In the Spring 2016 issue of the Journal of the Council of Writing Program Administrators (WPA), Joseph M. Moxley and David Eubanks report on a study of 46,689 ratings of essays to discover whether student ratings correlate with instructor ratings of intermediate drafts in first-year writing courses.
In the July College English, Casey Boyle makes a case for rejecting “reflection” as crucial to the “habits of mind” encouraged by the Framework for Success in Postsecondary Writing and replacing it with an “ecological orientation” appropriate to “posthumanism.”
Lauren Obermark, Elizabeth Brewer, and Kay Halasek, in the WPA Journal, present a model for moving TA development beyond “one and done.”
In the Journal of the Council of Writing Program Administrators, Amy Vidali proposes “disabling” the narratives of writing Program administrators (WPAs) to open productive conversation about the intersection between disability and WPA work.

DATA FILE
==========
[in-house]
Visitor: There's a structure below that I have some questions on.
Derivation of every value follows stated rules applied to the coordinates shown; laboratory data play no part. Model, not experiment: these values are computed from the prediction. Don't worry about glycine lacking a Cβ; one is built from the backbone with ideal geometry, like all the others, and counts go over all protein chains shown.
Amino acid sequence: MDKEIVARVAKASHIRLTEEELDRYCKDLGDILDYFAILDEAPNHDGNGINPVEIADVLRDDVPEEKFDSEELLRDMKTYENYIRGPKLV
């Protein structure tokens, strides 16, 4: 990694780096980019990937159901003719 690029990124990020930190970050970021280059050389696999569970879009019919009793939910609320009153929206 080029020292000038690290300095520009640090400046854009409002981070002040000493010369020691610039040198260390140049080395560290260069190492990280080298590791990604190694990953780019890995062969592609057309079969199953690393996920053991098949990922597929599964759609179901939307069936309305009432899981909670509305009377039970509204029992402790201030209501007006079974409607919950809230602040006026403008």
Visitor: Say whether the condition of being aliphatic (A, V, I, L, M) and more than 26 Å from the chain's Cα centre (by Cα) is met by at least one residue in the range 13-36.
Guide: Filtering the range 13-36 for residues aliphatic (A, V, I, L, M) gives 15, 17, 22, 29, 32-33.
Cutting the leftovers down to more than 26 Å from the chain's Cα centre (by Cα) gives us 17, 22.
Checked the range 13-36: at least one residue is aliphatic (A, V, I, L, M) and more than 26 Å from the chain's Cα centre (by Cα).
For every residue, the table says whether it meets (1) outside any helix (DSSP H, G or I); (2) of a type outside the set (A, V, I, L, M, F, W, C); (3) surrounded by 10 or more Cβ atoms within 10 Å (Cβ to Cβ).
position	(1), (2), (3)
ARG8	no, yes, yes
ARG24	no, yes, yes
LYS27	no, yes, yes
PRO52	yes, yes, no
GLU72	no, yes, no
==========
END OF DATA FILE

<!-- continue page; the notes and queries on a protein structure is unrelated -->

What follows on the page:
Kristine Hansen, Brian Jackson, Brett C. McInelly, and Dennis Eggett conducted a study at Brigham Young University (BYU) to determine whether students who took a dual-credit/concurrent-enrollment writing course (DC/CE) fared as well on the writing assigned in a subsequent required general-education course as students who took or were taking the university’s first-year-writing course. With few exceptions, Hansen et al. concluded that the students who had taken the earlier courses for their college credit performed similarly to students who had not. However, the study raised questions about the degree to which taking college writing in high school, or for that matter, in any single class, adequately meets the needs of maturing student writers (79). Check out the summary at http://wp.me/p5NPq1-2T